Moms are fixers.
We fix all the things. From bloody noses and skinned knees, to broken hearts and shattered self images, we have the uncanny ability to make everything right—even when we’re not quite sure ourselves how we manage to.
Apparently, however, there are limits to this magic called a mother’s love—a reality I’ve been wrestling with as of late.
My son was diagnosed with intellectual disability later in childhood—at age 10, delayed a bit by pandemic upheaval. Since age 6, Cyrus had carried a clinical diagnosis of Opitz Kaveggia Syndrome—a rare, X chromosome-linked “mental retardation” disorder. Also known as FG Syndrome, the condition often involves “midline defects” like tethered spinal cord, brain abnormalities, and laryngeal cleft, in addition to low muscle tone, absolutely wicked constipation, immune deficiencies, and, well, intellectual disability.
No one symptom, however, is obligatory—not even intellectual disability, Dr. John Opitz, a legend in the world of genetics who discovered this and many other syndromes, and who so generously met with and diagnosed Cyrus in retirement, once told me.
The actual diagnosis of intellectual disability eluded Cyrus for years. Neuropsychological testing repeatedly returned IQ scores in the normal range from ages 4 through 6—though he began to amass an entire collection of other cognitive diagnoses like ADHD, Auditory Processing Disorder, Visual Processing Disorder, Sensory Processing Disorder, executive dysfunction, slow processing speed, and nearly every learning disability known to man.
All the while, most medical and educational professionals dismissed Cyrus’ warning signs of intellectual disability, from delayed developmental milestones to woeful academic performance despite every intervention I could afford. Six-year-old Cyrus attended occupational, physical, and/or speech therapy five or six nights a week for years. He would catch up if he just worked harder, they insisted.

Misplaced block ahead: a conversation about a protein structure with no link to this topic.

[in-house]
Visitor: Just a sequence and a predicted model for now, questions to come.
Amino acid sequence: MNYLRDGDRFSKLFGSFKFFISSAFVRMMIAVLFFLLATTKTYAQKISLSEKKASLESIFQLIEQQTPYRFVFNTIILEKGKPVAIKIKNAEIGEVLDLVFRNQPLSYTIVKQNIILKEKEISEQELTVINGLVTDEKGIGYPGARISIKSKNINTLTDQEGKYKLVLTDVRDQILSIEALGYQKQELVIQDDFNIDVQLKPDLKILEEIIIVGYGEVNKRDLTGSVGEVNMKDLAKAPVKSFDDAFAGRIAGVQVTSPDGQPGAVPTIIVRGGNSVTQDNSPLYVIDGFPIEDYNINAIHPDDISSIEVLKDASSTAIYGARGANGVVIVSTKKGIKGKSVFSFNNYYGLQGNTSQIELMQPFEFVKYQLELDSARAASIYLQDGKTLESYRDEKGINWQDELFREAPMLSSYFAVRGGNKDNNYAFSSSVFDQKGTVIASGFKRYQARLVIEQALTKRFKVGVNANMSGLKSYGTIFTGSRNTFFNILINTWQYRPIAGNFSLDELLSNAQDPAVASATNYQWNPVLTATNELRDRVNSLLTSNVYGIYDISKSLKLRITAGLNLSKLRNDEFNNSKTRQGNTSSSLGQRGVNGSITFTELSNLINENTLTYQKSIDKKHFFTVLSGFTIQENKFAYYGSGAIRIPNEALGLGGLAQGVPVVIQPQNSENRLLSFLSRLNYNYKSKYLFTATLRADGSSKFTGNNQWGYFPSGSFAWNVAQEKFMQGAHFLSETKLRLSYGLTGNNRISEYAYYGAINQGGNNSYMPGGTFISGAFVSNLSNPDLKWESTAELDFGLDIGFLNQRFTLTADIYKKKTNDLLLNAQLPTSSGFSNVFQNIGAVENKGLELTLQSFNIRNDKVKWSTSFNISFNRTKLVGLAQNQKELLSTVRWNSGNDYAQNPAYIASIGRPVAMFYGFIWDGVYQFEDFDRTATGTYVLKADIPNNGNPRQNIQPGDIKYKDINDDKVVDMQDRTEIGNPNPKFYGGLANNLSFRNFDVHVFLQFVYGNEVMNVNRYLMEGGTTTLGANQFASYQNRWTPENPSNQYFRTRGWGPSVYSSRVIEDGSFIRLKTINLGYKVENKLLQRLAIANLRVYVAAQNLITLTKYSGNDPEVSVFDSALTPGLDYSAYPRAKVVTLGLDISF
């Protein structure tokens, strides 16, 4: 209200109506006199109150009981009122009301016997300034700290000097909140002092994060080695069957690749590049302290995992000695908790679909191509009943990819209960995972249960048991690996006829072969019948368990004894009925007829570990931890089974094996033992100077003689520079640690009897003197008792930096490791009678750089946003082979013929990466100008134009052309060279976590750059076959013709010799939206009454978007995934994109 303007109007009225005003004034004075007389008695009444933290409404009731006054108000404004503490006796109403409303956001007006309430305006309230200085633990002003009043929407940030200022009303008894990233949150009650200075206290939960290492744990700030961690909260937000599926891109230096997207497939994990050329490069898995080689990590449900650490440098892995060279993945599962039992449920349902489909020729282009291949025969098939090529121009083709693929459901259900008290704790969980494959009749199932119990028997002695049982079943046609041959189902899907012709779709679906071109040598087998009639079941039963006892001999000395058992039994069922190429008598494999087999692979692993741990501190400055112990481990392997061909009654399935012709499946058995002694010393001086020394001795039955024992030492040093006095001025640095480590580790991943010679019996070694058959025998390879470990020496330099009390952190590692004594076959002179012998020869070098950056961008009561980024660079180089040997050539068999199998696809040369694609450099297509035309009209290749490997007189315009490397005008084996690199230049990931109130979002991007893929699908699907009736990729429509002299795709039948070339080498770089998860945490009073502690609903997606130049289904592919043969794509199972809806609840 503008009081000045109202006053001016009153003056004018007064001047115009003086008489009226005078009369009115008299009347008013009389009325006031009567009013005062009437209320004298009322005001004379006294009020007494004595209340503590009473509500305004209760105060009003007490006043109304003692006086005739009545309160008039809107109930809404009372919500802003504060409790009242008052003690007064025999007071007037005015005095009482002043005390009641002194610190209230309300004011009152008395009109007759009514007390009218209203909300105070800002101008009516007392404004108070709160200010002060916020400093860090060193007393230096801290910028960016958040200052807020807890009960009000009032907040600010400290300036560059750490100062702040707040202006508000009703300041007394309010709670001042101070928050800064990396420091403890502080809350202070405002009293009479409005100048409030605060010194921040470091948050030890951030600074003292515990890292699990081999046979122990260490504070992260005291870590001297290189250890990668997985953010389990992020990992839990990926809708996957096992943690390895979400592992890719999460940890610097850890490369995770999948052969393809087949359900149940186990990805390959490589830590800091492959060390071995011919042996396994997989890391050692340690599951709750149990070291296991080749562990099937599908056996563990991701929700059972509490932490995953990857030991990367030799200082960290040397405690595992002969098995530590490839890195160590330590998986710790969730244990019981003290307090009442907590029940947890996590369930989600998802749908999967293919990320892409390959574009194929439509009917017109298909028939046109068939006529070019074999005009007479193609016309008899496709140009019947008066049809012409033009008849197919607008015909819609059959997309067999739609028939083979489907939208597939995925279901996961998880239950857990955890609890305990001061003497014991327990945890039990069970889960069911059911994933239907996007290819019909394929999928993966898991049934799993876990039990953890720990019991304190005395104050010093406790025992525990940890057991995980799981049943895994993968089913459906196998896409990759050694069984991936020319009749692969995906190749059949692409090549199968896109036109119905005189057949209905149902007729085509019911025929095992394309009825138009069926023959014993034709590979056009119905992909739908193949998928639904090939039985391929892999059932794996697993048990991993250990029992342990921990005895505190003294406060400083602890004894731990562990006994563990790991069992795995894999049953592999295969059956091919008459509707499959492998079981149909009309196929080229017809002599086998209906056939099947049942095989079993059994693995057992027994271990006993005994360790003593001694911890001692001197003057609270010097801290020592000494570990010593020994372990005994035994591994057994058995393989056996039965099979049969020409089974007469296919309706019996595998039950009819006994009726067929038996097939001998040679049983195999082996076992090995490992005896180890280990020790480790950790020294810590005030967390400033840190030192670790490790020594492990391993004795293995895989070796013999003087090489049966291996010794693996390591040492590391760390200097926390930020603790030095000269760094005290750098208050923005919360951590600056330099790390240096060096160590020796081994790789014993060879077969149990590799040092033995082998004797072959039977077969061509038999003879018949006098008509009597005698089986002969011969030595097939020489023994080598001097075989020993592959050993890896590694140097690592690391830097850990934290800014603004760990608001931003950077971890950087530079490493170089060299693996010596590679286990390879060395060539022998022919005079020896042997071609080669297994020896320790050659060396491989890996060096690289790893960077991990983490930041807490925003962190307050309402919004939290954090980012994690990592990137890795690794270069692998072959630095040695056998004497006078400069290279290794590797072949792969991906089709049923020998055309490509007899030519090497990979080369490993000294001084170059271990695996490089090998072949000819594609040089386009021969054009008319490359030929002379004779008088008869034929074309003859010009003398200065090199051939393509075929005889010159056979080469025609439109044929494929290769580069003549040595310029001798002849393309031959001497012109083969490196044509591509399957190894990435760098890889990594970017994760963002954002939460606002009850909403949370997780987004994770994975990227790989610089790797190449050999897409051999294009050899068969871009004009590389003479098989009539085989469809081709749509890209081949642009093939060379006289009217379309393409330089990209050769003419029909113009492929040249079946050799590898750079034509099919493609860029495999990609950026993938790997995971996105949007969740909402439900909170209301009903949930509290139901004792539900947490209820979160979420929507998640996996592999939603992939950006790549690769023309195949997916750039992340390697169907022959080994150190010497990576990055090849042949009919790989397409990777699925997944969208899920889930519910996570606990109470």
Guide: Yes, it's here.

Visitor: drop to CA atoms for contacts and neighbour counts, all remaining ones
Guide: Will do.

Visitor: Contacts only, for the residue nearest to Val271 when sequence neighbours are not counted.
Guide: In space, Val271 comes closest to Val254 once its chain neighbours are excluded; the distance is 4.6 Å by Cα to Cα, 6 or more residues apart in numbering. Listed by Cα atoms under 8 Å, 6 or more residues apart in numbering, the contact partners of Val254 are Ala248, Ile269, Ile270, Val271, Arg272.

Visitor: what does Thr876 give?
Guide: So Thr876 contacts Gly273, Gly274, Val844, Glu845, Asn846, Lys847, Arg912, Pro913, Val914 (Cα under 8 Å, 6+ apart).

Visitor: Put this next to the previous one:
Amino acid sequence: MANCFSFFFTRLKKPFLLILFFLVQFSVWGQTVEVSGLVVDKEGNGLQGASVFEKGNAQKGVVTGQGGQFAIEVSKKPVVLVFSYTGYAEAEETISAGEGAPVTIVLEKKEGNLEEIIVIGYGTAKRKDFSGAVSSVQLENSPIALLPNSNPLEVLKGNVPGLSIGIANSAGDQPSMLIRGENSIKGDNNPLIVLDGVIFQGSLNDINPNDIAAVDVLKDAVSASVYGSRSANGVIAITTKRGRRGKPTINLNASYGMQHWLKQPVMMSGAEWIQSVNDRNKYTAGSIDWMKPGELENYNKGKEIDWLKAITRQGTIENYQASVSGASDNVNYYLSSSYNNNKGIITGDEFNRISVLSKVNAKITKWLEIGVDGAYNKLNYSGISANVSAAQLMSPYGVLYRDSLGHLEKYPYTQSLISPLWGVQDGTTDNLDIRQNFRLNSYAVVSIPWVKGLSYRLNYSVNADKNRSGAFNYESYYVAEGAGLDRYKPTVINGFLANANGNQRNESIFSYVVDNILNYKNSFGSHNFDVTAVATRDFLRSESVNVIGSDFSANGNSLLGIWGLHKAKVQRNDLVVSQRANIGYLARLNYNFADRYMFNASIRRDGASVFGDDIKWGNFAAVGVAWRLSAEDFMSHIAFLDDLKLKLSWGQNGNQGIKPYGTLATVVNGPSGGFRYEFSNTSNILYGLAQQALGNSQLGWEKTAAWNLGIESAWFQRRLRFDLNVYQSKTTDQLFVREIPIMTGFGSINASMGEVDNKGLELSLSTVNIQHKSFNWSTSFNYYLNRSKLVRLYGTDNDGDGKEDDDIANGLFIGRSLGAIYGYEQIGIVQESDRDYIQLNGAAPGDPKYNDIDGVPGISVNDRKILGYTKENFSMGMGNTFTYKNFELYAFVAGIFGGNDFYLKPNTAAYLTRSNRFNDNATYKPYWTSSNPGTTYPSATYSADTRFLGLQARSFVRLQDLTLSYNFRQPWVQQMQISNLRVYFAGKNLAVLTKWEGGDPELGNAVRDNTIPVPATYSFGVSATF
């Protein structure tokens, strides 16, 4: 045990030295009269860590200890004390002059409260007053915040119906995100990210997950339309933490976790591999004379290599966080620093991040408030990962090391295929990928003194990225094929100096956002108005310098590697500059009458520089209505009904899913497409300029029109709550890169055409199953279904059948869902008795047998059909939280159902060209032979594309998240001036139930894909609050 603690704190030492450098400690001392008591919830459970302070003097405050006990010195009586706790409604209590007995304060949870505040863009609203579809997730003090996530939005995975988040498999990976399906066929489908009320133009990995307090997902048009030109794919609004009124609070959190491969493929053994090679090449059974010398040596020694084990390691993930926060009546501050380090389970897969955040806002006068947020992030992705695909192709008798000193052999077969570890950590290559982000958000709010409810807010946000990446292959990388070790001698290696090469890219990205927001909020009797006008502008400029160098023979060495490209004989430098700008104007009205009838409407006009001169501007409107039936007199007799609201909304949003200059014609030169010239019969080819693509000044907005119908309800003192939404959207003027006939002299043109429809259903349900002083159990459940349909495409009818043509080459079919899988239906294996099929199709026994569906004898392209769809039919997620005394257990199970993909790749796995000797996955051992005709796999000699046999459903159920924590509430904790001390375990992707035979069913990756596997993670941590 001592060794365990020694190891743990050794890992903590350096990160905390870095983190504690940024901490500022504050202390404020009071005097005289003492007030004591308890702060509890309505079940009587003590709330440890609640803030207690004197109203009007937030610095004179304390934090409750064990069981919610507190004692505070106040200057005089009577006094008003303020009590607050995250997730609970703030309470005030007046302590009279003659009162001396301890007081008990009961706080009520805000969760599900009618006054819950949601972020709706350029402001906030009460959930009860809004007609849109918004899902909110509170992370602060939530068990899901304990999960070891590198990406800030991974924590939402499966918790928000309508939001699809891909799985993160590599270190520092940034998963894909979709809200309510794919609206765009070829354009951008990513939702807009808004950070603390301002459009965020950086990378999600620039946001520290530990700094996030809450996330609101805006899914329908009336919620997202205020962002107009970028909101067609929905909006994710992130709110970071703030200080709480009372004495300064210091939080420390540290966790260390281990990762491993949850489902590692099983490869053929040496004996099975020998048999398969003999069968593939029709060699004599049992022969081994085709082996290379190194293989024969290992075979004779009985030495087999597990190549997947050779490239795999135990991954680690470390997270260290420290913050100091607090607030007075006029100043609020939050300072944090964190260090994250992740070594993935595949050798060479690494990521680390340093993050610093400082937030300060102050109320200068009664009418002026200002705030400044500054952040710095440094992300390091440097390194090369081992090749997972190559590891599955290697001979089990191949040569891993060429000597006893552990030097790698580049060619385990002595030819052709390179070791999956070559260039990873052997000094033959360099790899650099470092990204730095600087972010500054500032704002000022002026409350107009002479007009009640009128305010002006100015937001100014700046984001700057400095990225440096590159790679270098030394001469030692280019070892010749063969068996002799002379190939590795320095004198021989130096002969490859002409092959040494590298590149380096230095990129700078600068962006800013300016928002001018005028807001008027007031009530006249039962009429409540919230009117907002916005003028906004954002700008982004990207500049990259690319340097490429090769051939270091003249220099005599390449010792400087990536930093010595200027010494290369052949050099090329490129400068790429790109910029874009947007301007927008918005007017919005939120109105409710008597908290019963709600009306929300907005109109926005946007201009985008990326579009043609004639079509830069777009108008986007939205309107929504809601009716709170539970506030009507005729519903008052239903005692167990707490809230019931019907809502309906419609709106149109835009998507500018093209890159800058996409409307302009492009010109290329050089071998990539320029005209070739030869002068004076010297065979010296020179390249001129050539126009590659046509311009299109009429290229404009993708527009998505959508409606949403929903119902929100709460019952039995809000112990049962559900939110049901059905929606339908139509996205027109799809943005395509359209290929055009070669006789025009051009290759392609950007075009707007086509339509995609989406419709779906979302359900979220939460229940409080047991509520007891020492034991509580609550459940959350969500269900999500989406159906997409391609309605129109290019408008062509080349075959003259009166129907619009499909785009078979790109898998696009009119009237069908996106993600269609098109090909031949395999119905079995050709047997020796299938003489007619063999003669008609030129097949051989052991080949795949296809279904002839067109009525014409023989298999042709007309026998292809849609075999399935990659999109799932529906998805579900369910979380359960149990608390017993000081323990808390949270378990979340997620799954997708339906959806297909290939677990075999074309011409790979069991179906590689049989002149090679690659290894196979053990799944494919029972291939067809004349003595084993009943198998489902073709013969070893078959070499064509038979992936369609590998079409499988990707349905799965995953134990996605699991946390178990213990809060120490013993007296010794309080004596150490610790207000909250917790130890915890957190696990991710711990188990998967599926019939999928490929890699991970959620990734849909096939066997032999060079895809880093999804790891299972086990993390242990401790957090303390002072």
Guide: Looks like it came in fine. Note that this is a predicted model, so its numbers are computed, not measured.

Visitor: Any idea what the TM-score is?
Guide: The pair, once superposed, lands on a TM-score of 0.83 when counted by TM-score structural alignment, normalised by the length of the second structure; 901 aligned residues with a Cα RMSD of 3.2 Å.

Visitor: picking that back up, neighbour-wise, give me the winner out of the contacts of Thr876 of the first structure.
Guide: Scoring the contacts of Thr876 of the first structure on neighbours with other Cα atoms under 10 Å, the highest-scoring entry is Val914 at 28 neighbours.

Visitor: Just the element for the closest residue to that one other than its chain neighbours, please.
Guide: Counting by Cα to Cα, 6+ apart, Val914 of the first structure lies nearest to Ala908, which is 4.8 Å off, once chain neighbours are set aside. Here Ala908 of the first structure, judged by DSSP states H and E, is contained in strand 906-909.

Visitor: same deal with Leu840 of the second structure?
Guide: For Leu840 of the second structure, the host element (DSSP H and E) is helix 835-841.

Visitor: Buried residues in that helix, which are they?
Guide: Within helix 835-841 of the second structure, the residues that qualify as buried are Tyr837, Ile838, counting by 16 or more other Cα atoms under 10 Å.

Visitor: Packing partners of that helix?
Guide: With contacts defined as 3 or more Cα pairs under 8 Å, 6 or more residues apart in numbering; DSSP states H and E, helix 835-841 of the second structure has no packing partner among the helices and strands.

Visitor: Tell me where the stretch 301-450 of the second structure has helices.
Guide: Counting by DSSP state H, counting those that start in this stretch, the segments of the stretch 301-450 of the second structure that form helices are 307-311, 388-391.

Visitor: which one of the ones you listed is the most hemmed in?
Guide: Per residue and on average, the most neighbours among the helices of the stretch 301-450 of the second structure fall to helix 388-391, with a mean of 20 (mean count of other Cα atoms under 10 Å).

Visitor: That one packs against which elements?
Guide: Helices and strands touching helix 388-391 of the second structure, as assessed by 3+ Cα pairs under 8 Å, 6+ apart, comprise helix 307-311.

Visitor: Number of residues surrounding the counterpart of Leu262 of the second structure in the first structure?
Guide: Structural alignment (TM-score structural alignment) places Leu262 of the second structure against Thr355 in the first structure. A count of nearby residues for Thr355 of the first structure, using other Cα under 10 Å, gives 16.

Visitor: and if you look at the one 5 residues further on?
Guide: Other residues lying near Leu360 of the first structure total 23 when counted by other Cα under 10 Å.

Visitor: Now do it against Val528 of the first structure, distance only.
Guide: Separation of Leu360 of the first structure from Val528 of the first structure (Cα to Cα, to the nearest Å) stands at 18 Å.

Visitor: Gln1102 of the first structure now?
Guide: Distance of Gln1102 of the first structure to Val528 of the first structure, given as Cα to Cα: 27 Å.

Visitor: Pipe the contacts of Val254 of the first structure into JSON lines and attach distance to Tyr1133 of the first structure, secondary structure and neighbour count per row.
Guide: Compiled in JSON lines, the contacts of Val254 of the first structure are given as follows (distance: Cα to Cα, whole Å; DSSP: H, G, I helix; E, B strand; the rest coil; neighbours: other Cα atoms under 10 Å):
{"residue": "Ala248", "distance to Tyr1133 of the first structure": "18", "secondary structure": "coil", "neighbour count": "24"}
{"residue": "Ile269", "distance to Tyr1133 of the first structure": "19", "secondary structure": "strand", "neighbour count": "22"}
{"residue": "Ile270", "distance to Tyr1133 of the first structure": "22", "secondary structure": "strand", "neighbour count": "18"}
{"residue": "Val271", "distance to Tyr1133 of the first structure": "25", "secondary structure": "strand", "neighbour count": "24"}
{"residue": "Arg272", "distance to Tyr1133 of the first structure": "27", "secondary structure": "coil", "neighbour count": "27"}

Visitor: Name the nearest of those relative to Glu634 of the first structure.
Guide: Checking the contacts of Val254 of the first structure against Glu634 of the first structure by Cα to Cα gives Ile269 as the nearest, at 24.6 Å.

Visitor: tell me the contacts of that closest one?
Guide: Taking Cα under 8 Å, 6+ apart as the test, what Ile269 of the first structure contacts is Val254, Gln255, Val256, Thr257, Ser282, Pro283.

How wrong they were. After years of gaslighting, Cyrus’ IQ tanked an astonishing 30 points in two years, for reasons we still can’t fully explain.
Now, my adorable, sweet intellectually disabled child is turning into an intellectually disabled adult whom society simply doesn’t value. While he’s only 11, he’s in the final stage of puberty, his endocrinologist says—a process hastened by the growth hormone shots he takes nightly because his brain doesn’t produce enough. Middle school looms. And nothing I’ve done—not the countless nights I’ve lost sleep to research his myriad conditions, not the tens of thousands I’ve thrown on extra resources insurance won’t cover—has changed this reality.
When and where it matters the most, I feel like I’ve failed. I didn’t fix it. I didn’t fix him. And the whole thing is gutting me.
The truth I never wanted
Cyrus took what seemed like a weird, winding road to his intellectual disability diagnosis. Despite therapy, he never crawled, and he didn’t walk until 2. His speech and fine-motor milestones were delayed, too, but I can’t really tell you by how much. He was my first and only—and I was a little too busy keeping a medically complex child alive to pay much attention to whether he could fish Cheerios out of a bottle with an index finger.
Whole genome and exome sequencing were eventually performed on Cyrus, and the results came back a perplexing mix of errors. There was one that would be considered disease-causing if he had two copies instead of one. And there were two of unknown significance—one on a gene that was once a candidate for a type of FG Syndrome, interestingly enough.